As the Prophet Muhammad (SAW) said, “Verily, Allah recorded the good deeds and the evil deeds. Then He clarified how that [recording] should occur: whoever decided to do a good deed but he did not do it, Allah records it with Him as a complete good deed. And if he decided to do it and actually did it, Allah records it with Him as ten good deeds up to seven hundred or up to many times over. If he decided to do an evil deed but he did not do it, Allah records it with Him as one complete good deed. If he decided to do it and he actually did it, Allah records it as one evil deed.” (Bukhari)
My mother therefore encouraged me to have the intention to fast and explained how Allah (SWT) might increase my reward due to me wanting to fast even though not being able to. It is Allah (SWT) who only knows the extent we will be rewarded, but the main focus should be on having pure intentions.
The focus was therefore not on the physical act of fasting but rather the spiritual act of fasting – I had to shift my mindset. I had to make sure that I did everything with pure intentions and make sure that I used my time wisely as if I was someone who was fasting.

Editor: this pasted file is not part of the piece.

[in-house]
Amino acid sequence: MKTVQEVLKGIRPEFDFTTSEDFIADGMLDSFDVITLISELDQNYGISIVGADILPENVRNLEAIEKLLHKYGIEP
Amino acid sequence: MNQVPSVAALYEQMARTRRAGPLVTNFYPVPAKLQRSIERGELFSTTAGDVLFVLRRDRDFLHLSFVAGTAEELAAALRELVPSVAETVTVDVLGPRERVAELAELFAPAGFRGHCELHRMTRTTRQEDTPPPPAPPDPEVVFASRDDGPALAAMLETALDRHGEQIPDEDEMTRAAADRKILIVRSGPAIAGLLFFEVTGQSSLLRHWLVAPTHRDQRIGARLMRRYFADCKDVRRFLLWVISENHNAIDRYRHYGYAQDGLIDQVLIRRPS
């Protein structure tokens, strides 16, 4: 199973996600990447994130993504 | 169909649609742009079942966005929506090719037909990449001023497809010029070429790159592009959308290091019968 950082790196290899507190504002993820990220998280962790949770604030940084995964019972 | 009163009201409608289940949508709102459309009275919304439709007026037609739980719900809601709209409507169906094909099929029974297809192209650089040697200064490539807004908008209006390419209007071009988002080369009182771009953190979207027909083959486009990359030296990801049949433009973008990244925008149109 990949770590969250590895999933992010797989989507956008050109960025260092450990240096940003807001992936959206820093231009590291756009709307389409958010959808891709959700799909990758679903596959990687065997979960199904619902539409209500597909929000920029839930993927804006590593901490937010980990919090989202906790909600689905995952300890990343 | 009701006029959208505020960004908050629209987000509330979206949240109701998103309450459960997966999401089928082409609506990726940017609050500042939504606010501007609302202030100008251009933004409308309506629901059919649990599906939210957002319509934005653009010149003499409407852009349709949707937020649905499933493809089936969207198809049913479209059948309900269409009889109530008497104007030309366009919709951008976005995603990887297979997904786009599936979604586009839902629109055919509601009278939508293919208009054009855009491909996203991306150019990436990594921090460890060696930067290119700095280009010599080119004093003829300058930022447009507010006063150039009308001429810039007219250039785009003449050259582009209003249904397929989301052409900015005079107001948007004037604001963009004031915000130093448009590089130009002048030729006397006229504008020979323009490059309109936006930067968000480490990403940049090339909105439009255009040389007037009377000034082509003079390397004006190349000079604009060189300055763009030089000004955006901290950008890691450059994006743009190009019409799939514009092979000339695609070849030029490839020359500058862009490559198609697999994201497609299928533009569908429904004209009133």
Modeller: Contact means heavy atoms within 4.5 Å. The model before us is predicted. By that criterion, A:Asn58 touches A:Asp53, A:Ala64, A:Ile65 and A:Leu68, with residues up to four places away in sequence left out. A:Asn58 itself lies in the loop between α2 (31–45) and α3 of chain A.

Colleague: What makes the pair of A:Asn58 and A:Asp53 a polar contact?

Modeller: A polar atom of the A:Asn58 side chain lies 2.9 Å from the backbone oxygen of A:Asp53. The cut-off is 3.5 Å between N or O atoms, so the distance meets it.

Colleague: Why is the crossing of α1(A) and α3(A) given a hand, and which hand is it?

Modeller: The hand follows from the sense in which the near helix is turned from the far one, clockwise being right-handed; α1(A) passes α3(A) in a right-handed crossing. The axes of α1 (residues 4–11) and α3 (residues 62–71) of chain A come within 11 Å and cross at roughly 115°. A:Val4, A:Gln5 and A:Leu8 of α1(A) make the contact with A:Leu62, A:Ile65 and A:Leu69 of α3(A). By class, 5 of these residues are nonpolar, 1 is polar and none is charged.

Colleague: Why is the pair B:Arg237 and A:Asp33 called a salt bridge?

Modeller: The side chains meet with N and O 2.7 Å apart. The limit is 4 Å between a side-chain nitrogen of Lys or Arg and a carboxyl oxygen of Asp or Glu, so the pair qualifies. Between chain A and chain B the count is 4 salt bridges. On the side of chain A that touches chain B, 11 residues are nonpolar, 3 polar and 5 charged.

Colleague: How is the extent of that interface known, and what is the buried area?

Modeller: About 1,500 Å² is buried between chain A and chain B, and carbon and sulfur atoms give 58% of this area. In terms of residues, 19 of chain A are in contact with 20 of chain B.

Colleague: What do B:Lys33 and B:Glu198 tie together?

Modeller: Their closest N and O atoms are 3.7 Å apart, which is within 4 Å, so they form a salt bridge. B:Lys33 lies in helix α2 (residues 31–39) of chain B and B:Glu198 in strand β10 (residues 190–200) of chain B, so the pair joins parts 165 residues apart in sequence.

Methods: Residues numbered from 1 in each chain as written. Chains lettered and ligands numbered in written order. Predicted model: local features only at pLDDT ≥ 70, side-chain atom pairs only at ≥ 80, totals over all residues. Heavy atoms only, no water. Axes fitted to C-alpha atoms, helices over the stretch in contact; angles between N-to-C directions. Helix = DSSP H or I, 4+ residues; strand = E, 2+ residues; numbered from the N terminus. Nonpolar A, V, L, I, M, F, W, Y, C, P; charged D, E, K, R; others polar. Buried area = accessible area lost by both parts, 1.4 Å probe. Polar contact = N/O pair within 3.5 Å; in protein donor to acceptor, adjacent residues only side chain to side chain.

I was thus made to mentally prepare myself with the plan and focus on how to grow and make good use of Ramadhan – for example, doing extra good deeds and spending extra time learning, especially since I could not fast.
2. Involvement during suhoor and iftar
I was not only encouraged to have the intention to fast but also attend the suhoor and iftar with my family. I was made to wake up and join my family in the morning as well as the evening. The act of joining my family to start and break the fast made me feel like I was part of the Ramadhan experience. It made me feel like I was fasting, especially after having made the intention to fast. It made me feel included and I especially felt involved when I helped prepare food and serve drinks.
3. Assigning leadership roles in family religious activities
I had the task to encourage my younger brothers to read the Qur’an, do nightly dhikr and share whatever I had learnt after listening to lectures. This all would be done in my room so I was not only made to feel included but also responsible. I was made to feel important and useful in their Ramadhan experience. This in return gave me a more fulfilled and enriched Ramadhan experience.